by Guest Author

Plant milks

Georgina Journet, student dietitian Curtin University

On our cereal or in our hot beverages - for many Australians it is one of the first things we eat or drink when we wake up each morning. Yes that’s right, I’m talking about milk! In the past, it was delivered to your doorstep each day, but now we are faced with half an aisle dedicated to milk and plant-based milk alternatives that we have to make a choice from. So how do the plant-based alternatives really stack up against traditional cow’s milk?

Consider calcium

While cow’s milk is naturally a good source of calcium, plant-based milks are not. If calcium has not been added to your favourite milk alternative, you are missing out on an important source, and are unlikely to be reaching the recommended amount you need each day. We know calcium supports healthy bones and teeth, but it is also key for blood clotting, muscle contraction and proper nerve function.

TIP: Always choose calcium fortified milk alternatives, and check the ingredient label to see if it is the same as the calcium found naturally in cow’s milk. Aim for at least 100 mg of calcium per 100 ml.

Forget flavoured

Sweetened and flavoured plant-based milks contain added sugar, whereas cow’s milk contains a naturally occurring sugar, called lactose. Australians are eating too many processed foods high in added sugar, so we need to start thinking of ways to cut this down. Swapping sweetened for unsweetened plant-based milk is an easy start.

TIP: If you choose not to drink cow’s milk, check your alternative milk product for added sugar. If you prefer the taste of sweetened alternatives, mix sweetened and unsweetened plant-based milks. You can gradually reduce the amount of the sweetened milk alternative until you are only drinking the unsweetened alternative. This will help your taste buds adjust!

Eyeball the ingredients

Many plant-based alternatives are mostly water. If you have a look at the ingredient list, I will bet you $100 that water is the first ingredient listed. This means that the product is mostly water. The next ingredient is hopefully the plant-based ingredient, such as soy, rice, oats or almonds. By law, food companies must list ingredients from most to least by weight. If you find yourself staring at a label and the first three ingredients are: filtered water, sugar and almonds (2.5%), try to find one that doesn’t list sugar second and contains more of the plant ingredient. Alternatively you could choose reduced fat cow’s milk which contains - you guessed it - reduced fat milk.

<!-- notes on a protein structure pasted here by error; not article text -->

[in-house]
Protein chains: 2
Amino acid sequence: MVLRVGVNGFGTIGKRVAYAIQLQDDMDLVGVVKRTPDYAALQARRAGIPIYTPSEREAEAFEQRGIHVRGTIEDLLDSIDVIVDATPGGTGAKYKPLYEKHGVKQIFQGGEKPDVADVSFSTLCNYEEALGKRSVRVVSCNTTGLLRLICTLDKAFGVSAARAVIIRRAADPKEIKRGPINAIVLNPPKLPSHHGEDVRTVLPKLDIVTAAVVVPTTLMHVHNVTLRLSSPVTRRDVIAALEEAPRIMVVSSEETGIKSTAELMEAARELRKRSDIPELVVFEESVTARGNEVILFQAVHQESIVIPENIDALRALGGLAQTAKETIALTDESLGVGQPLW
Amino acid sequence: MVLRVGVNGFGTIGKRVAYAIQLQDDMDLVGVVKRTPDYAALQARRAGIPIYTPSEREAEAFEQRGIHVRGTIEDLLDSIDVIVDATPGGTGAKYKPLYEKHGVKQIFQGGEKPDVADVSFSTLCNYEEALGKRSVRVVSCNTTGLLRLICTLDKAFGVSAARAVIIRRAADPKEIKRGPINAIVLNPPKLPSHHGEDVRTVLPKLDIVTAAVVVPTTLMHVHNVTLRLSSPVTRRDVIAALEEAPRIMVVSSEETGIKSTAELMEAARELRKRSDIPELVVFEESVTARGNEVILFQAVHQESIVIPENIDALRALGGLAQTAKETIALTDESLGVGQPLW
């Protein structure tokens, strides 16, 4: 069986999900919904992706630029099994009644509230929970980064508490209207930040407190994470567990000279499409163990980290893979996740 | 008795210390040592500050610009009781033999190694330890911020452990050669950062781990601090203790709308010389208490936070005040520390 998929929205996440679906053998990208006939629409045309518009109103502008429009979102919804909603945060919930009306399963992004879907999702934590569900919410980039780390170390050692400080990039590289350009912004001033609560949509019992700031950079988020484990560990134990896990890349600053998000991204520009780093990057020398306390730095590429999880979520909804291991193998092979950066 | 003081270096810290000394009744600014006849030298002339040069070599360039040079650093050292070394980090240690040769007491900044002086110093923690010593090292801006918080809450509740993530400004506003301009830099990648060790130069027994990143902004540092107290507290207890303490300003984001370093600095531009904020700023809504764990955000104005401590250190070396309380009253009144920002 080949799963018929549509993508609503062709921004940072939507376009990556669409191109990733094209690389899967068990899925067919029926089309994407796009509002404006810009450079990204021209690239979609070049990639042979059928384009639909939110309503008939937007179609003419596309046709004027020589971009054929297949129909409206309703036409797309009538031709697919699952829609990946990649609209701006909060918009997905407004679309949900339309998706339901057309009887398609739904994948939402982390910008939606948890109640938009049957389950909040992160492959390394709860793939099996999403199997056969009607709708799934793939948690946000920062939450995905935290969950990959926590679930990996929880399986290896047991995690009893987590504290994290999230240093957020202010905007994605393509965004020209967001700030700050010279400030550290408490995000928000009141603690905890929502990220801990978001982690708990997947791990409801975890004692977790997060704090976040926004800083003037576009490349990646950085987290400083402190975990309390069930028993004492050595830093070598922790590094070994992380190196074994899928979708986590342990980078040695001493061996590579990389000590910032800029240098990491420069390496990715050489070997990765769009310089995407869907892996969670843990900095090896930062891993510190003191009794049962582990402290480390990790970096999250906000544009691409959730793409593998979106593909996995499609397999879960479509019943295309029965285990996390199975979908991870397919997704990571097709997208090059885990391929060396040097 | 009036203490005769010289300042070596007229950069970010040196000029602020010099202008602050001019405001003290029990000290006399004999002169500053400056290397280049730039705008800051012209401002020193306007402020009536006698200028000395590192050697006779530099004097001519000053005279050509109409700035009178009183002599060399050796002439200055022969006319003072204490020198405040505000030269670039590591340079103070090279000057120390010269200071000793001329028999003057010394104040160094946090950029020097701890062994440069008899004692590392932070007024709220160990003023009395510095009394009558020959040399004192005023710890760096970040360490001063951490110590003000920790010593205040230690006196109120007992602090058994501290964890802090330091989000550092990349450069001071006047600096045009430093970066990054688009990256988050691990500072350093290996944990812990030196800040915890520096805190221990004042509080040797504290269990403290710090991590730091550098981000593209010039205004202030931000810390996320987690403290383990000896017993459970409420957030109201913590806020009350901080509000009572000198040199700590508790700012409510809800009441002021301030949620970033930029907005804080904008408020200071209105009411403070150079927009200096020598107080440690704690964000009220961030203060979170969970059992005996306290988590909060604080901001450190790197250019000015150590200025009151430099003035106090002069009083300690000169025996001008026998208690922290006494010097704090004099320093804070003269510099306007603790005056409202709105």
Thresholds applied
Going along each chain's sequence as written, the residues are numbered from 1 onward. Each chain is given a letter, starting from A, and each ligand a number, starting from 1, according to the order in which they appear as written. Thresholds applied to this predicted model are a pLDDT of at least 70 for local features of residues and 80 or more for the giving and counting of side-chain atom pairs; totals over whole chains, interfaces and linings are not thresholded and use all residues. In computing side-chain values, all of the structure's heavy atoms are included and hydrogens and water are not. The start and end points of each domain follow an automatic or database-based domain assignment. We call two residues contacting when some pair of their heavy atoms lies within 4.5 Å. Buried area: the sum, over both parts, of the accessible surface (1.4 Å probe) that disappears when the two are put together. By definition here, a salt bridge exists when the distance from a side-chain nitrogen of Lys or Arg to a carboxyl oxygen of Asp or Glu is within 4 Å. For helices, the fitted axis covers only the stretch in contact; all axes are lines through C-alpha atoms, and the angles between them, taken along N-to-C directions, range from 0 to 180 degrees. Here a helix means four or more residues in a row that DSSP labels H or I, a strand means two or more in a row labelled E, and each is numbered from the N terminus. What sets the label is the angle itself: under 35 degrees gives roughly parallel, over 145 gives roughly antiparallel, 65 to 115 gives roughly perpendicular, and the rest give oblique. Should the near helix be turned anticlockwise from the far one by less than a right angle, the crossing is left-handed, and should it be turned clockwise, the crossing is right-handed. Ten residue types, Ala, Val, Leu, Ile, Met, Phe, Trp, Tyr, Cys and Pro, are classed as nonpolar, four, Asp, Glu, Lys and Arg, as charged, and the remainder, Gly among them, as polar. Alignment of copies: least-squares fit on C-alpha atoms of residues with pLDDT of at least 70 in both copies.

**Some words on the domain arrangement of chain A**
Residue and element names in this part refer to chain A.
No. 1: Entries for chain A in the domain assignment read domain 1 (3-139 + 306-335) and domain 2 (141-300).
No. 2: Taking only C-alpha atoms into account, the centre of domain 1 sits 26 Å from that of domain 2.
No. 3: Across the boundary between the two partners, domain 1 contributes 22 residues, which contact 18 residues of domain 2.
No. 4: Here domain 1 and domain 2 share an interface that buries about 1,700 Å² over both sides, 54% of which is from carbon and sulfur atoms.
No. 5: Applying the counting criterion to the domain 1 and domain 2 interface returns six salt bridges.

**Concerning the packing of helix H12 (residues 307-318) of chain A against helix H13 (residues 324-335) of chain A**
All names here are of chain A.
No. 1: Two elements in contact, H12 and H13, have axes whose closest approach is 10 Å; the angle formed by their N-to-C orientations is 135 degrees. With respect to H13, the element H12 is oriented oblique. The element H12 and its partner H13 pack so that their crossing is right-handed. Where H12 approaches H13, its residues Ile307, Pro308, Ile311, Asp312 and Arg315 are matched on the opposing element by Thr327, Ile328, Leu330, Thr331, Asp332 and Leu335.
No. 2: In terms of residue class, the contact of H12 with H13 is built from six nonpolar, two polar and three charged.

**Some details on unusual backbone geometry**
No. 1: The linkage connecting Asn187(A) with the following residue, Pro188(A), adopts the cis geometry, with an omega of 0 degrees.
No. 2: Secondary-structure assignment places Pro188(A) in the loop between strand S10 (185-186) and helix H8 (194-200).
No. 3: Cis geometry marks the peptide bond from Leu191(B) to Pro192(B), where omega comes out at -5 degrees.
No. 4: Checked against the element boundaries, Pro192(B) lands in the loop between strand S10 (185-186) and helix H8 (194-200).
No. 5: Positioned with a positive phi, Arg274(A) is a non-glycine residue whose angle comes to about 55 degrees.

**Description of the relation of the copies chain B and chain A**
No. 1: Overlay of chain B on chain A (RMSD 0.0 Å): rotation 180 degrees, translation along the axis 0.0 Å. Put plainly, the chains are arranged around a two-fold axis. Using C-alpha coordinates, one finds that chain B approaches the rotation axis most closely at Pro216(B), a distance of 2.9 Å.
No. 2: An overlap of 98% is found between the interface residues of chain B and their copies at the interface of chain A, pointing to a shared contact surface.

TIP: Consider how much you are paying for filtered water. Try to find the brand with the highest amount of the plant ingredient, or choose reduced fat cow’s milk which simply contains milk.

Please won’t somebody think of the protein

Cow’s milk is a natural source of protein. As well as helping build and repair muscle, protein can also suppress appetite. So choosing a milk or milk alternative with protein is key to keeping you feeling satisfied for longer. Soy milk contains the most protein of all of the plant-based alternatives. Other alternatives such as oat, almond and rice will have a much smaller amount of protein.  

TIP: Choose reduced fat cow’s milk or soy milk to keep you feeling fuller for longer and support your muscles.

So what’s the verdict?

Next time you are shopping for a plant-based milk alternative, spend a minute or two to find the best milk for you. There is quite a selection available, but keeping these tips in mind will help you to navigate the selection and find the best plant-based alternative for you!

Look for a plant-based milk that:

  • Contains at least 100 mg of Calcium or more per 100 ml
  • Is preferably unsweetened or unflavoured
  • Has the highest plant ingredient percentage compared to other brands
  • Contains protein if you are looking to feel full for longer

LiveLighter supports future health professionals through engagement with Australian Universities. This student blog was created for LiveLighter as part of Advanced Public Health Nutrition Practice coursework (Master of Dietetics at Curtin University, Western Australia).